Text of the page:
“What is the first major news story you remember living through as a child?”
It seems incredibly ironic to be thinking about this particular question this week given that we may be living through one of the most momentous events of our time even as I write this. Like all of us, I have lived through my share of major events. Some have had a tremendous impact on our world. None, however, has been as transformational as the onset of the coronavirus will likely be. For my grandchildren this will be tory, in the years ahead.
But today I’m supposed to focus on what I experienced in my childhood. And for me, and likely for most of my generation, there is only one answer — the assassination of President John Kennedy. That act of political violence gripped our nation and touched all in one way or another. But I have to add that the FIRST major news story that intruded on my consciousness was the Cuban Missile Crisis so I’ll give a moment of time to that one as well.
That crisis isn’t on a par with President Kennedy’s murder but in a historical context it was 13 days in October of 1962 that took us to the brink of war. I didn’t really know that at the time, but I do recall one Sunday night. We were watching the tv — CBS — and waiting for the Ed Sullivan show to begin. There was a special news bulletin…interrupting whatever was on.
In those days, it seems to me, a story had to be really momentous to break into network programming. But the missile crisis fit that bill. I don’t recall the exact content of the report — I think it may have been about Khrushchev accepting the terms for ending the crisis and agreeing to pull the Russian missiles from Cuba. As I said, the details are foggy but what registered for me was that something big… really big… was happening.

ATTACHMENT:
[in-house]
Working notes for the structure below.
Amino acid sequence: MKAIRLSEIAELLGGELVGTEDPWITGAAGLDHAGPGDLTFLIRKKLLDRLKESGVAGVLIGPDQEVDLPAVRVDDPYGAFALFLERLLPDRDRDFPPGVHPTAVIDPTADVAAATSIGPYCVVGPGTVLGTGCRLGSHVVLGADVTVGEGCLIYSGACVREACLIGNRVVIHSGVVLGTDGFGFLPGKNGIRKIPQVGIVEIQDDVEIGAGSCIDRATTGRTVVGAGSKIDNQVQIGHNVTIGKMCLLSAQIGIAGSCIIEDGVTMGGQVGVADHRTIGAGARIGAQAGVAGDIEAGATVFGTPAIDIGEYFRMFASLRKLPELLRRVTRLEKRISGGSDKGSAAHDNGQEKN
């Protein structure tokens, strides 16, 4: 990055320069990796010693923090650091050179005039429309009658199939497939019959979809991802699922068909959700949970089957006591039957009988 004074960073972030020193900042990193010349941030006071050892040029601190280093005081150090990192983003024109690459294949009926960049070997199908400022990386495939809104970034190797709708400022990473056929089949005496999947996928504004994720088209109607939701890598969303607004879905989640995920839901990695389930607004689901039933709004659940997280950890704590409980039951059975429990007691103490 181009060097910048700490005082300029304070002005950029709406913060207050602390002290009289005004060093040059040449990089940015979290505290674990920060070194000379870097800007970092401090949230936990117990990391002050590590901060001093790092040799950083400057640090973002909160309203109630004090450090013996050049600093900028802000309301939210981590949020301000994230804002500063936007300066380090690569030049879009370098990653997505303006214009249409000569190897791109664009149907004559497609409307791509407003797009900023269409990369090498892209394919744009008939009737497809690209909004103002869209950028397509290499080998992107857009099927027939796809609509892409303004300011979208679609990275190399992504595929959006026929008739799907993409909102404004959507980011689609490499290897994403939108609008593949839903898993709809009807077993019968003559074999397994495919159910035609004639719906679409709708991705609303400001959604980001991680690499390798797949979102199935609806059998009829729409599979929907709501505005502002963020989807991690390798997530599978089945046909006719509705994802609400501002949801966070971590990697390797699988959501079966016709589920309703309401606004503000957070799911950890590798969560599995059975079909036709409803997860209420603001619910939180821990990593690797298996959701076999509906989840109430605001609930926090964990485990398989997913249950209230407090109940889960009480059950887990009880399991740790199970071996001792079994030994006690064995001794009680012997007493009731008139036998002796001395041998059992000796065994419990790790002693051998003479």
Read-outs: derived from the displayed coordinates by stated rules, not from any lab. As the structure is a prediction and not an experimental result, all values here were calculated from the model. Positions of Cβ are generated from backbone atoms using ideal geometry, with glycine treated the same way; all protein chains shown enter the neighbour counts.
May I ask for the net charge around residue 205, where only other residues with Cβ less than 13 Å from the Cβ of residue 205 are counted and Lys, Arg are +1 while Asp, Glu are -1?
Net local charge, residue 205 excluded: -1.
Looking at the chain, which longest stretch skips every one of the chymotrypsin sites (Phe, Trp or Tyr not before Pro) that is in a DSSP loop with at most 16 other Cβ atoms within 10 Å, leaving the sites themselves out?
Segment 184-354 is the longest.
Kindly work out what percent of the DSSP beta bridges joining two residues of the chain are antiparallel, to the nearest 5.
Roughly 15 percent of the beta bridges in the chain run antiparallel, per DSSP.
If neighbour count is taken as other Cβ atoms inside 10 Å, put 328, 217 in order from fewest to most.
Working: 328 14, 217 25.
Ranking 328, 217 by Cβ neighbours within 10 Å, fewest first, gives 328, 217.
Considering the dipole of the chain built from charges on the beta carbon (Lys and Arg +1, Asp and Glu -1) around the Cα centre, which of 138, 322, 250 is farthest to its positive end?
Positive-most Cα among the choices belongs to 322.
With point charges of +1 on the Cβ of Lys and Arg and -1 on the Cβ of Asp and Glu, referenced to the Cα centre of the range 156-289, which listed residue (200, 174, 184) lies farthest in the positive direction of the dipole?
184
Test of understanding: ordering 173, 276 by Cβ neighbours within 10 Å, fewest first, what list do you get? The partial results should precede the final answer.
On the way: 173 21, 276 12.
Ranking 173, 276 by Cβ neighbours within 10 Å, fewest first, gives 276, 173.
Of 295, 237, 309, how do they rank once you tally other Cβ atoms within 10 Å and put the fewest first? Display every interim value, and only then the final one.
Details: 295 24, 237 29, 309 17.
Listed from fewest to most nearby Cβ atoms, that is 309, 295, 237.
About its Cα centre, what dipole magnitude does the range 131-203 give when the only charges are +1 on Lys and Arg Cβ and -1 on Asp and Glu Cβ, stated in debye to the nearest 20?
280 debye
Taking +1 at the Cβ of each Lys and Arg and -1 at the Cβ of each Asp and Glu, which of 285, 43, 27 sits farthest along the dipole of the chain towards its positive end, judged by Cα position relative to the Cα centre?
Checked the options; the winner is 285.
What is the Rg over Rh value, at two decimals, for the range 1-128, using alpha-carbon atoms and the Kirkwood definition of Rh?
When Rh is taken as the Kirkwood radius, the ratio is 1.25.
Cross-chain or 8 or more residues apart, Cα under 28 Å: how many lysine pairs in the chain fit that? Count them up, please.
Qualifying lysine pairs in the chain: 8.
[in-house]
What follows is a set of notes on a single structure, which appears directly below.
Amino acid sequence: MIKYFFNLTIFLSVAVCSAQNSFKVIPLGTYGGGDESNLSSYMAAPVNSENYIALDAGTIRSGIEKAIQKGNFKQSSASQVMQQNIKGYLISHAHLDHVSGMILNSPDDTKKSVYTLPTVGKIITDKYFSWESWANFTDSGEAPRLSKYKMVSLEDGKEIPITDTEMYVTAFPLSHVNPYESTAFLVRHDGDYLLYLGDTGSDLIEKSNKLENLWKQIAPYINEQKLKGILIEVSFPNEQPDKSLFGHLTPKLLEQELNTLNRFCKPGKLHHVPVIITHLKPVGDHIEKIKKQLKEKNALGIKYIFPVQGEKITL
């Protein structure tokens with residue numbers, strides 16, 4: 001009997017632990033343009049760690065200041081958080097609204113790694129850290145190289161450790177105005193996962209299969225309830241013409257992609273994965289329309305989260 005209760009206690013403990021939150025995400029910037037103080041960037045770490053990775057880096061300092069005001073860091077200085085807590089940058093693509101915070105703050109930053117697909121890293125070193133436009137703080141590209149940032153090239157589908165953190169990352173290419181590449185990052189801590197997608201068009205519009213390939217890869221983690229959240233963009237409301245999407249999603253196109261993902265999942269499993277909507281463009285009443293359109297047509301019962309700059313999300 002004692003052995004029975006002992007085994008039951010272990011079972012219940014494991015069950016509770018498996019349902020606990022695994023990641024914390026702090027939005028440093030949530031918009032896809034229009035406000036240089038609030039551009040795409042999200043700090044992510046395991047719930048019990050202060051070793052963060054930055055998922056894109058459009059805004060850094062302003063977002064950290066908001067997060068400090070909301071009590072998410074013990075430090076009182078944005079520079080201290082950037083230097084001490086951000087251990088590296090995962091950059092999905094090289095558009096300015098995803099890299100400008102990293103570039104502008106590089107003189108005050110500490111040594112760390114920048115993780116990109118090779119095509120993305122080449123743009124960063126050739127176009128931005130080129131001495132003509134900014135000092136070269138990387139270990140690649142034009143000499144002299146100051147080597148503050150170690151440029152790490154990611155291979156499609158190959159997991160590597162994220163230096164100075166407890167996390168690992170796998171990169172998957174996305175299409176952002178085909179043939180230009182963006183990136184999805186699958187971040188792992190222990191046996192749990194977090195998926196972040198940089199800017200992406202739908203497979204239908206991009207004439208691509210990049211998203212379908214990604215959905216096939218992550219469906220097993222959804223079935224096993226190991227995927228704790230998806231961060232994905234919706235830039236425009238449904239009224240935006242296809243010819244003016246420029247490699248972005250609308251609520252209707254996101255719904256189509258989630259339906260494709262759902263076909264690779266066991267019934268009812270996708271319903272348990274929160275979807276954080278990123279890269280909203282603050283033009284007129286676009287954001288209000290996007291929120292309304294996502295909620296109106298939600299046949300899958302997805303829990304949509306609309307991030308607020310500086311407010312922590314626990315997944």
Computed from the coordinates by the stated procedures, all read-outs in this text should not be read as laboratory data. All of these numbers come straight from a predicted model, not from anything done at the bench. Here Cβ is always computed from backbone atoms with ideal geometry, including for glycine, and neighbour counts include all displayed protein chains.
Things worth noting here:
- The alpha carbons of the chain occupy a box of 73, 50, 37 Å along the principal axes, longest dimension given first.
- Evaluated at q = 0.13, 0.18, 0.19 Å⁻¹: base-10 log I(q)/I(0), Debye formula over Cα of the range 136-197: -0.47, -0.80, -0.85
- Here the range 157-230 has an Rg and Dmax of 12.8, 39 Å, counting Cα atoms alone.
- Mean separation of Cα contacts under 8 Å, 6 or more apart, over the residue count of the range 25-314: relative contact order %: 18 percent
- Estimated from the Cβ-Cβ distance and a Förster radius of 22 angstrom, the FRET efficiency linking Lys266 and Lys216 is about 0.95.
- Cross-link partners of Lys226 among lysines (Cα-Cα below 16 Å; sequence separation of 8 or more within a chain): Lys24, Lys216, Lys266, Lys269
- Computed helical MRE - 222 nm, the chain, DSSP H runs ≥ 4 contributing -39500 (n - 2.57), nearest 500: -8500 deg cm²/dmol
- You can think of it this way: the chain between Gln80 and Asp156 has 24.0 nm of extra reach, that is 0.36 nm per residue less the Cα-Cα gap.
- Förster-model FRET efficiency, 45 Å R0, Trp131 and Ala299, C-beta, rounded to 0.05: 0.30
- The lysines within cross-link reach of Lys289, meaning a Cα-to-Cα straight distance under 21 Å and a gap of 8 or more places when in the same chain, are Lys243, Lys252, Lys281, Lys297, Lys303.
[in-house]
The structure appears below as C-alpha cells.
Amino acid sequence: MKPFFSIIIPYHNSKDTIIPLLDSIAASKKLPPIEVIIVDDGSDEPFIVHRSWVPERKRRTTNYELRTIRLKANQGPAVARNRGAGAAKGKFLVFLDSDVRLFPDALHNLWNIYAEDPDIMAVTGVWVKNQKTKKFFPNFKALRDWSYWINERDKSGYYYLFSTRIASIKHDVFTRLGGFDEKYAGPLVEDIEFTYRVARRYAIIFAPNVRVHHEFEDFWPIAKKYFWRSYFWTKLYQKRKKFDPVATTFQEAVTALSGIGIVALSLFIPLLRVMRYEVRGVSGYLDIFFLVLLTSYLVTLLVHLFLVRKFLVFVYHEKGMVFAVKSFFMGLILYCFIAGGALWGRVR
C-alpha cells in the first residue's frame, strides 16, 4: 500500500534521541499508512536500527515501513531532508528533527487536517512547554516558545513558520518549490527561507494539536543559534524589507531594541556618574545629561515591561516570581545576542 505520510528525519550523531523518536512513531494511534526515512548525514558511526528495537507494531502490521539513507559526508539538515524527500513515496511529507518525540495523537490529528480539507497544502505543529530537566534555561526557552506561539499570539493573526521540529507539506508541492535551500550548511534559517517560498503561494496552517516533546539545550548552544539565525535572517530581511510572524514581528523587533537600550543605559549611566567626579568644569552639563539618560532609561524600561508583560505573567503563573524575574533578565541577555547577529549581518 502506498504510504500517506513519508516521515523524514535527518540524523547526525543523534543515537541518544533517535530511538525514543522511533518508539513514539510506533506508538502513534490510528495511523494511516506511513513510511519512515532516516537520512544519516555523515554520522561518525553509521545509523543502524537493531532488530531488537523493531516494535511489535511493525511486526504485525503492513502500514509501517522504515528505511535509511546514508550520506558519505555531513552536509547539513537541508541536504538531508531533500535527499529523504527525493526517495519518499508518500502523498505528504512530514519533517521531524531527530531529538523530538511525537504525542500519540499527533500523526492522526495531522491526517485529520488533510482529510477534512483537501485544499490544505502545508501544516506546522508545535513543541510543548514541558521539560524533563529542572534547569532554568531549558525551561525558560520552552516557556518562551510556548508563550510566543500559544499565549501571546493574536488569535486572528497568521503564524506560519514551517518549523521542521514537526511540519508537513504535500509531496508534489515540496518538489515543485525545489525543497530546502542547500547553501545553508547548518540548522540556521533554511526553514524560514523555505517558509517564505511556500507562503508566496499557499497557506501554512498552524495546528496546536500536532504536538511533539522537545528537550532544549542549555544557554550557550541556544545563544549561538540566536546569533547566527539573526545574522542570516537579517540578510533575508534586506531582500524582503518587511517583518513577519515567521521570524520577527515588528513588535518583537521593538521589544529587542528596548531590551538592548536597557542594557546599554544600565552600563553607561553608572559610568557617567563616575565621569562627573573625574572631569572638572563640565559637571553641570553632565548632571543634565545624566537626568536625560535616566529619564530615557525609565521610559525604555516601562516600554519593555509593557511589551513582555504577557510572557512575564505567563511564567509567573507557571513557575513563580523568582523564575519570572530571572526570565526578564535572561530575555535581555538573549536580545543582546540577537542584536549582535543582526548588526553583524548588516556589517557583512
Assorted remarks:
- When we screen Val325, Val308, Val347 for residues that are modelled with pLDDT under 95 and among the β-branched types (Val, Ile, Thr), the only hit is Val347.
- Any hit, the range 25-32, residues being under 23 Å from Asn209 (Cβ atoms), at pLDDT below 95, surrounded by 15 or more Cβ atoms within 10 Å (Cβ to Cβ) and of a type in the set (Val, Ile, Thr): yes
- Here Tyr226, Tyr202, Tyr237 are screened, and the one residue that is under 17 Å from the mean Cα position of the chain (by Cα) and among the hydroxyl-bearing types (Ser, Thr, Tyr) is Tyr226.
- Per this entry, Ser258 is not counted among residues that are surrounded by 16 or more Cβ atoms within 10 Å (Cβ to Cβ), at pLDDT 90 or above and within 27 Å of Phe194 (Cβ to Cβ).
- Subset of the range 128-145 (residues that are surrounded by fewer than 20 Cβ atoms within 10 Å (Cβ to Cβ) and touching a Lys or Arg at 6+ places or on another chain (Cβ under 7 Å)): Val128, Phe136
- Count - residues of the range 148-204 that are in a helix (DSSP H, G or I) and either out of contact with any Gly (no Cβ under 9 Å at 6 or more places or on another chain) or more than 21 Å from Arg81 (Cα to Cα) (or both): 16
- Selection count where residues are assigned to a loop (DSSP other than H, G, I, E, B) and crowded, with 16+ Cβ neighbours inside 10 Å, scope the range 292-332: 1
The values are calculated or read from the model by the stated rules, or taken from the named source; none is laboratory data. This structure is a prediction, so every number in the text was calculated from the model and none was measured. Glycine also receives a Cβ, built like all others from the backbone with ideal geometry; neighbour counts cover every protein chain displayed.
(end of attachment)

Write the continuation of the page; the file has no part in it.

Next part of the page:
I realized that they were talking about the risk of war. Perhaps a risk narrowly averted by then but that war was real and that it could have happened. I heard the broadcaster talking of missiles and blockades and it all sounded very serious and more than a little frightening. This was, after all, the era where neighbors had fallout shelters in their basements or backyards and where there were weekly tests of warning sirens (1 PM every Wednesday) whose eery wail always was a bit frightening.
There were drills at school for the kids and the threat of a nuclear holocaust was one that even touched the consciousness of otherwise politically unaware nine-year-old kids.
We emerged from the crisis into calmer days, at least for a while. And I guess I’m glad that I didn’t fully appreciate just how close we came to war and the type of holocaust we feared. And President Kennedy and his advisors seemed to have the answers. It was all good…until it wasn’t.
Only a bit more than year later, on November 22, 1963, President John Fitzgerald Kennedy was assassinated in Dallas, Texas at 12:30 PM central time. Most of my generation and those older than us can tell you where they were. I had returned to my fifth grade classroom after lunch. I lived close enough that I could walk home for lunch and I did that day. It was a cloudy November day as I returned to our parish school — Nativity. Sister Shawn was my teacher.
I remember someone wheeling into the classroom the big TVs mounted on tall stands on which we usually watched our Spanish lessons on public television with Domigal (that was the instructor’s name — it’s amazing the funny things we recall half a century later). Sister Shawn turned on the TV…there must have been instructions from the principal…. but I don’t recall anything really except the TV’s sudden appearance.